# Dot product of the gradient of a function

In matrix calculus, I keep on seeing things like $$\langle \nabla f(x), v\rangle$$, which is the dot product of the gradient of a function with a vector.

I was wondering if there is any intuitive understanding of what this means.

For example, we have the Mean Value Theorem:

Let $$\mathcal{O}$$ be an open subset of $$\mathbb{R}^{n}$$ and suppose the mapping $$F : \mathcal{O} \rightarrow \mathbb{R}^{m}$$ is continuously differentiable. Suppose that the points $$x$$ and $$x + h$$ are in $$\mathcal{O}$$ and that the segment joining these points are also in $$\mathcal{O}$$. Then, there exist numbers $$\theta_1, \theta_2, \ldots, \theta_m$$ in the open interval $$(0, 1)$$ such that $$F_{i}(x + h) - F_{i}(x) = \langle \nabla F_{i}(x + \theta_{i}h), h\rangle$$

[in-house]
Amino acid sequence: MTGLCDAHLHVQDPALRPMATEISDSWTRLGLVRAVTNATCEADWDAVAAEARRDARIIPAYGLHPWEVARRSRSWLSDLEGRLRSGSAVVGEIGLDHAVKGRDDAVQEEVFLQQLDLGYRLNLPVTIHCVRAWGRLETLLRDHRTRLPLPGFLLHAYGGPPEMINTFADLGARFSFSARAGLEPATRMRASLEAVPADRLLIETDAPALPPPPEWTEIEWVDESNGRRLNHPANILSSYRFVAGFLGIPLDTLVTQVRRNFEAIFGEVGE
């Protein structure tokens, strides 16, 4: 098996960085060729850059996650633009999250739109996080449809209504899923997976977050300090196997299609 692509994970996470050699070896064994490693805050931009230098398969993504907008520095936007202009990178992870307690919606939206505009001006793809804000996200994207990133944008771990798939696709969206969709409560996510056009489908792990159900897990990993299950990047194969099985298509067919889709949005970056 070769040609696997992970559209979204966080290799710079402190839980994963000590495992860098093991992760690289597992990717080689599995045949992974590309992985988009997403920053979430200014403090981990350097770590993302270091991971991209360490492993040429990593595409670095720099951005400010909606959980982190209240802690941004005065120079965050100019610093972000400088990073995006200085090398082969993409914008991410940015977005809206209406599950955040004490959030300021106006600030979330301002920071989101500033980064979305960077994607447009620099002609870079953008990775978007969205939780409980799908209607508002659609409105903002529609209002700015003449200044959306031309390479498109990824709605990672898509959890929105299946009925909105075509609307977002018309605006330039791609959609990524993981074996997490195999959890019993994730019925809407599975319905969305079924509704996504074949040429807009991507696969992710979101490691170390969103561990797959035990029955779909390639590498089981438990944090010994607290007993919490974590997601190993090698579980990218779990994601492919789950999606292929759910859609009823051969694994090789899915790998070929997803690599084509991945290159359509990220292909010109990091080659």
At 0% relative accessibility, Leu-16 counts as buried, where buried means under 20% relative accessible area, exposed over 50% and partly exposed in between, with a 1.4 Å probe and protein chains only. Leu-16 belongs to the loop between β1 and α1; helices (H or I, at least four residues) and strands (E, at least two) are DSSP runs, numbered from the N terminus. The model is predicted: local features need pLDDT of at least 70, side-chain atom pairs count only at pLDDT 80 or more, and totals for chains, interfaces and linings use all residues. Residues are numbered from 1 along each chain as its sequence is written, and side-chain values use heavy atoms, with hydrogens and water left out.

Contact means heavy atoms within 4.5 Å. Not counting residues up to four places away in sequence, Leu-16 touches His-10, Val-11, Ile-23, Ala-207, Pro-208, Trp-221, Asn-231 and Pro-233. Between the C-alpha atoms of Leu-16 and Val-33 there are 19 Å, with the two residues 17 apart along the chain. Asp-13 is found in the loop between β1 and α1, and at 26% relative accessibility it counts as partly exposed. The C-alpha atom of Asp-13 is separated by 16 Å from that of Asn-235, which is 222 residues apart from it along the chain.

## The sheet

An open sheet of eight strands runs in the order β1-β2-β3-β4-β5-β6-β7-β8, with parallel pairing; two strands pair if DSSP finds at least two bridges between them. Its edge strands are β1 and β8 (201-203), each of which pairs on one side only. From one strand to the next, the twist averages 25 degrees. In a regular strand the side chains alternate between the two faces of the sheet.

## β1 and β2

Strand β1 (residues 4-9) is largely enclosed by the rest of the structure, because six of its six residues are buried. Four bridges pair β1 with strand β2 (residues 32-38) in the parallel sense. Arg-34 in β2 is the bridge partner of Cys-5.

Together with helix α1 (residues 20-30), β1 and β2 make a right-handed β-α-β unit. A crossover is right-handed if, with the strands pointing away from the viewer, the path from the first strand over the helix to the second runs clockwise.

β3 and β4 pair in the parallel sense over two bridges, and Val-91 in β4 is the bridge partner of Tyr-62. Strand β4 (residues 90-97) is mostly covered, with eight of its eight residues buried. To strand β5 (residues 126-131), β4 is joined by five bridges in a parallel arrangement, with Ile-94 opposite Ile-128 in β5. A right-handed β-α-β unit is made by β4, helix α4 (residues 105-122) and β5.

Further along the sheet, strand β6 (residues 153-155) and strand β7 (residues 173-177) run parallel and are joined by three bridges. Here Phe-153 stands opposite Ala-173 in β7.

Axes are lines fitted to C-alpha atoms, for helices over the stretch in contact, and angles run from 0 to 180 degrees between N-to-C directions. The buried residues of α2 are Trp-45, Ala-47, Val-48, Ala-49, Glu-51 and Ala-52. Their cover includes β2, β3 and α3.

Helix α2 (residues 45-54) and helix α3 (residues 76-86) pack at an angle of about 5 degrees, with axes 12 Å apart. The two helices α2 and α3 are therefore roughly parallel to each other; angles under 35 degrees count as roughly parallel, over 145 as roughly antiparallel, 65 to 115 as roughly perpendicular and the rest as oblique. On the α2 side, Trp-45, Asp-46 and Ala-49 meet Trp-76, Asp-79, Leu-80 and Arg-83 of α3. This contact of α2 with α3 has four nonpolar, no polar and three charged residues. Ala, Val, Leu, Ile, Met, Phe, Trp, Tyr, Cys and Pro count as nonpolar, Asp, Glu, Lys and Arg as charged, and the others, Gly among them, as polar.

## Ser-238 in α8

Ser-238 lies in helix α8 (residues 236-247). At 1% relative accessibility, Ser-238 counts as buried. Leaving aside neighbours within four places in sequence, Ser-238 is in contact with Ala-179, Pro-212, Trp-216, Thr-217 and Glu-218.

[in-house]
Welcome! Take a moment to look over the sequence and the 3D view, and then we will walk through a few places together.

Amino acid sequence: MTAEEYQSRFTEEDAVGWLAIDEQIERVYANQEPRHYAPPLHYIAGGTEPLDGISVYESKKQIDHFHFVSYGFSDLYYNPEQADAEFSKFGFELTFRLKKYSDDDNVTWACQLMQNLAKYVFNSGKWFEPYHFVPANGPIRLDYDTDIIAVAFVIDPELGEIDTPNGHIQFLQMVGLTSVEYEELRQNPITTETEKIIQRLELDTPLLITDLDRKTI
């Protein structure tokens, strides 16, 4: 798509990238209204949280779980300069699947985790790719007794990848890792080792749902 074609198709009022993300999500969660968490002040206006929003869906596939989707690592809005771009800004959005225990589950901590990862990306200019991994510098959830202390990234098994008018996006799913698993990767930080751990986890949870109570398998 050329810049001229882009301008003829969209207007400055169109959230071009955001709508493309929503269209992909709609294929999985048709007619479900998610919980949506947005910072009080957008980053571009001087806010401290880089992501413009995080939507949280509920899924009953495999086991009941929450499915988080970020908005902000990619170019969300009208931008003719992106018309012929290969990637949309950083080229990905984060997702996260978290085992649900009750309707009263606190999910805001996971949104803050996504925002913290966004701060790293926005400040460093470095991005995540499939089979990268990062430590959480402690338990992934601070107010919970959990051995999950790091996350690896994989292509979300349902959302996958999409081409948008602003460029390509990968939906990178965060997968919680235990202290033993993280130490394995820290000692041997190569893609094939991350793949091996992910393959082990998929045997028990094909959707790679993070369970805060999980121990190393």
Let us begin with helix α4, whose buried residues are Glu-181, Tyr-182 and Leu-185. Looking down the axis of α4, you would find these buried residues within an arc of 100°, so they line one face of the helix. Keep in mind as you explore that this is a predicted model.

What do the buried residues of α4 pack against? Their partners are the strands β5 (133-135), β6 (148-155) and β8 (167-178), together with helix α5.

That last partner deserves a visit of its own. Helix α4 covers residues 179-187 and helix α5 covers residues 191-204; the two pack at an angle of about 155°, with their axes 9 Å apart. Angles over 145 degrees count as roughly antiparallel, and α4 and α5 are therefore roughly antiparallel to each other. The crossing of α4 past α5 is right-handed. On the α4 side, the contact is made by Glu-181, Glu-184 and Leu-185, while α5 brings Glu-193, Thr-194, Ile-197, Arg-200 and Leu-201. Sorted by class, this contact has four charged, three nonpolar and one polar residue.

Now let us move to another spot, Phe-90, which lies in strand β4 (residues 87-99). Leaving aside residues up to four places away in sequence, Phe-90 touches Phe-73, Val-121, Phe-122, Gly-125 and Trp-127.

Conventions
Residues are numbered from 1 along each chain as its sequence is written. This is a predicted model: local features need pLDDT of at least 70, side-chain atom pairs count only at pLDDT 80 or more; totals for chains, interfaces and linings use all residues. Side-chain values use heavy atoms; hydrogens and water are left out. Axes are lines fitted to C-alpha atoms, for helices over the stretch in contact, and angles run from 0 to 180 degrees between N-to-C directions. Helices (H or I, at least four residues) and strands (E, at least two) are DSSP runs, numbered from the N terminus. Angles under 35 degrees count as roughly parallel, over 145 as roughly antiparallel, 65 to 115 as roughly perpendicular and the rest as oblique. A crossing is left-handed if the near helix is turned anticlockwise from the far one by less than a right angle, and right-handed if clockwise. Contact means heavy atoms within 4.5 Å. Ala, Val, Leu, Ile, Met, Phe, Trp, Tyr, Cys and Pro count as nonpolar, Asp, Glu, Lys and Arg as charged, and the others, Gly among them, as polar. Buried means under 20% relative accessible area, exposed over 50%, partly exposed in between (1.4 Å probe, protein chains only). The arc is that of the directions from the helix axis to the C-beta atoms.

I was wondering if there is any good way to interpret $$\langle \nabla F_{i}(x + \theta_{i}h), h\rangle$$ in this context.

Thanks

• It can be shown that $\langle \nabla f(x), v \rangle$ is equal to the directional derivative of $f$ at $x$ in the direction $v$. – littleO Mar 23 at 19:36
• product of magnitudes times the cosine of the angle between v and f(x) "uphill" – phdmba7of12 Mar 23 at 19:41

Note that the derivative of $$f\colon\mathbb R^n\to\mathbb R$$ is not a vector, but a linear form instead.
In presence of an inner product $$\langle.,.\rangle$$ the gradient $$\nabla^{\langle .,.\rangle}f$$ in respect to the inner product $$\langle .,.\rangle$$ is the unique vector which represents this linear form in presence of the specified inner product.